ALMONTE, ONT. — Enerdu Power Systems Ltd. hosted a grand opening of the redeveloped Enerdu Generating Station in Almonte, in Mississippi Mills, eastern Ontario, on April 27.
The project saw Enerdu Power Systems Ltd. construct a new powerhouse to accommodate larger turbines and to increase the plant’s generating capacity by 70 per cent, to one megawatt, said a media statement. The project site is located on the Mississippi River at 11 Main St. in Almonte.
The total budget for the project was over $10 million, with $4 million in civil works, $5 million in equipment and $1 million in electrical and controls. All civil work was awarded to local companies, including Thomas Cavanagh Construction, and $4.5 million of the equipment and electrical budget was sourced locally, the Enerdu website indicted.
The project had a significant heritage component. The new generating station was built next to the existing station and efforts were made to minimize impacts on the adjacent Almonte Flour Mill and other heritage properties.
The building that houses the existing powerhouse was built in 1842 as the Wylie Flour Mill. The powerhouse function has been in existence since at least 1905, the environmental assessment report noted.
Cultural heritage consulting firm Contentworks Inc. was retained by BluMetric Environmental Inc. to undertake the Heritage Impact Assessment. Canadian Hydro Components Ltd. provided water-to-wire equipment, the statement noted. The generators were custom designed to connect directly to the turbine shaft using the pit wall as the generator shell. The direct connect feature eliminated the need for gearbox connection and provides better efficiency while decreasing costs, the statement explained.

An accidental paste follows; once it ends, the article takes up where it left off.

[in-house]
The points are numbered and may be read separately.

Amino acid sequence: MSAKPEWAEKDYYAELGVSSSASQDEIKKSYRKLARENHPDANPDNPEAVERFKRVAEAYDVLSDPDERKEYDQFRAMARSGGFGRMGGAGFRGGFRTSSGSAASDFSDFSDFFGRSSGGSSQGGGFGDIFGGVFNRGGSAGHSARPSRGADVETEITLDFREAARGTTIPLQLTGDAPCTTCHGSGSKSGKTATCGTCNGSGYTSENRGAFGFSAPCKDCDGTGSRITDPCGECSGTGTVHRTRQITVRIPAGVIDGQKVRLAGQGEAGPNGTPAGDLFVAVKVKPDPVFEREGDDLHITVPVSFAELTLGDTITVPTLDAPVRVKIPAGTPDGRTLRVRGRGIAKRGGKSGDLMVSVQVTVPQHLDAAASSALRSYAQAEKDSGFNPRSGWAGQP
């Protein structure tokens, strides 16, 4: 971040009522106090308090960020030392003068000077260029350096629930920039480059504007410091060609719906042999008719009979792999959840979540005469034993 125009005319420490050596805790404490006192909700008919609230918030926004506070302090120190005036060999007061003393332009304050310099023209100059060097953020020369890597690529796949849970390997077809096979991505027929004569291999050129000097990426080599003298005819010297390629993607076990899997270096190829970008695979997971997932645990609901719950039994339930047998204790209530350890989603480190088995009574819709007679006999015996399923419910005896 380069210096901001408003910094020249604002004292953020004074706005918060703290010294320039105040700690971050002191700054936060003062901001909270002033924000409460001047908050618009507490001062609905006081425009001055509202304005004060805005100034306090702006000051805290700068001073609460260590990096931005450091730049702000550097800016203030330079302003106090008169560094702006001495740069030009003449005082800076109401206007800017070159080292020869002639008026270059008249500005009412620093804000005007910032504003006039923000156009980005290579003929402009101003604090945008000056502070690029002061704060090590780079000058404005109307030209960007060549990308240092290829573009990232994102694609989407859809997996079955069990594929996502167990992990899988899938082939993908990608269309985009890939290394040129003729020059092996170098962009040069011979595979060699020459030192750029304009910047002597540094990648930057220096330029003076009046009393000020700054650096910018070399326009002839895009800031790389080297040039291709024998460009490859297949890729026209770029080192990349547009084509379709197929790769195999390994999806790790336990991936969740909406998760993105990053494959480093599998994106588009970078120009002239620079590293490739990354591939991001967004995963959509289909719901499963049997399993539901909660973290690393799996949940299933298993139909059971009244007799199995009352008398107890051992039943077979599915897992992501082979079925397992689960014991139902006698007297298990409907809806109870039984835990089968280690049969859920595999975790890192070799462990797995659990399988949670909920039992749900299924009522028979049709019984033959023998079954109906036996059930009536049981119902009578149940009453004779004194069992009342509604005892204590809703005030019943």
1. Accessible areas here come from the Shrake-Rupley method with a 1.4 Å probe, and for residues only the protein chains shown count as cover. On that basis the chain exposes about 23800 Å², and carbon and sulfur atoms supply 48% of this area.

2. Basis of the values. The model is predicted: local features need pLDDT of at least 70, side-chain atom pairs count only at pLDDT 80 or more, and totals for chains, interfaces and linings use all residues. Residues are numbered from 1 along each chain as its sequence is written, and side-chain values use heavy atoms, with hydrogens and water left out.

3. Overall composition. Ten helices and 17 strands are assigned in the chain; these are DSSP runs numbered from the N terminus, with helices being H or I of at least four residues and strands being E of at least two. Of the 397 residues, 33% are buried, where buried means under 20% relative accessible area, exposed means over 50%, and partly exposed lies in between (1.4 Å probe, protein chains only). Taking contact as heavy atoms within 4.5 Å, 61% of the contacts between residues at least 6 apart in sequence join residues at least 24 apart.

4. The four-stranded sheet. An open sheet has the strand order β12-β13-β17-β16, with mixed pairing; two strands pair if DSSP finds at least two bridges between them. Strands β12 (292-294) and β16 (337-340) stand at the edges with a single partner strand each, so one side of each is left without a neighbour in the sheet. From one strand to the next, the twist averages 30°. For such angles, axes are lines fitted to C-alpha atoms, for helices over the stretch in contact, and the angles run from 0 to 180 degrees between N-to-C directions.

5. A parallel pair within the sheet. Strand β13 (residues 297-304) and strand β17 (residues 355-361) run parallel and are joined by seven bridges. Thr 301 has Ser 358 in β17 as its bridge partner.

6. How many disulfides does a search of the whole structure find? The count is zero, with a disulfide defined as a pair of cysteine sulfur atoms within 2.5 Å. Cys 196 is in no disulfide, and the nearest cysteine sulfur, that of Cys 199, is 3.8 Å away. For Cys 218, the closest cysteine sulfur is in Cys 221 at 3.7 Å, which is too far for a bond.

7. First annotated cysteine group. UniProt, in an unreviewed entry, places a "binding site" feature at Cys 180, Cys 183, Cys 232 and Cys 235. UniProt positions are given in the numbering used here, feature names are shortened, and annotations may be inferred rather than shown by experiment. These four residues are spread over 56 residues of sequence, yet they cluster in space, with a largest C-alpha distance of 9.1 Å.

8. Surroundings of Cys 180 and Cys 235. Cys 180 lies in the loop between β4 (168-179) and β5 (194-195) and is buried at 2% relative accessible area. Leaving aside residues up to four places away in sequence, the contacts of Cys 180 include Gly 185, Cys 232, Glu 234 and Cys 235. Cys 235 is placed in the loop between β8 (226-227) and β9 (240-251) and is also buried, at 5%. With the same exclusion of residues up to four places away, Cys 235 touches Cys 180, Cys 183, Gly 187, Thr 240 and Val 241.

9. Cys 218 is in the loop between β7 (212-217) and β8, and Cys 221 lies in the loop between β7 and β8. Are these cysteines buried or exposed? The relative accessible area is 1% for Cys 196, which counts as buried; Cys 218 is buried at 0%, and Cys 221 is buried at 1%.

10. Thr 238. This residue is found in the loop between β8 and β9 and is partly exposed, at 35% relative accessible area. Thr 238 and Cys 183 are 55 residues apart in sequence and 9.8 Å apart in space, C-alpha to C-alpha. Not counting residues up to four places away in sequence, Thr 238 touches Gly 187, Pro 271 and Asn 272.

The station will provide electricity to approximately 150 homes and businesses in Almonte.
Community members staged a protest before the build began in 2016 over the possible effects of the project on the rapids clubtail dragonfly.
New inflatable weirs were designed to enable the Mississippi Valley Conservation Authorities to react to flood threats. The weirs can be adjusted to either hold back or release additional water as directed by the conservation authority. In addition, the old powerhouse will be used as an additional bypass to give greater flood control capability, noted the Enerdu website.
Another feature of the project was an eel migration bypass, designed in consultation with Algonquin First Nations members.
“Enerdu Power Systems Ltd. is to be commended for the completion of this project,” said Paul Norris, president of the Ontario Waterpower Association. “This is a great example of the opportunities that exist across the province to expand the contribution of waterpower to provide economic, environmental and reliable energy benefits for present and future generations.”
Congratulations… the finished product is stunning!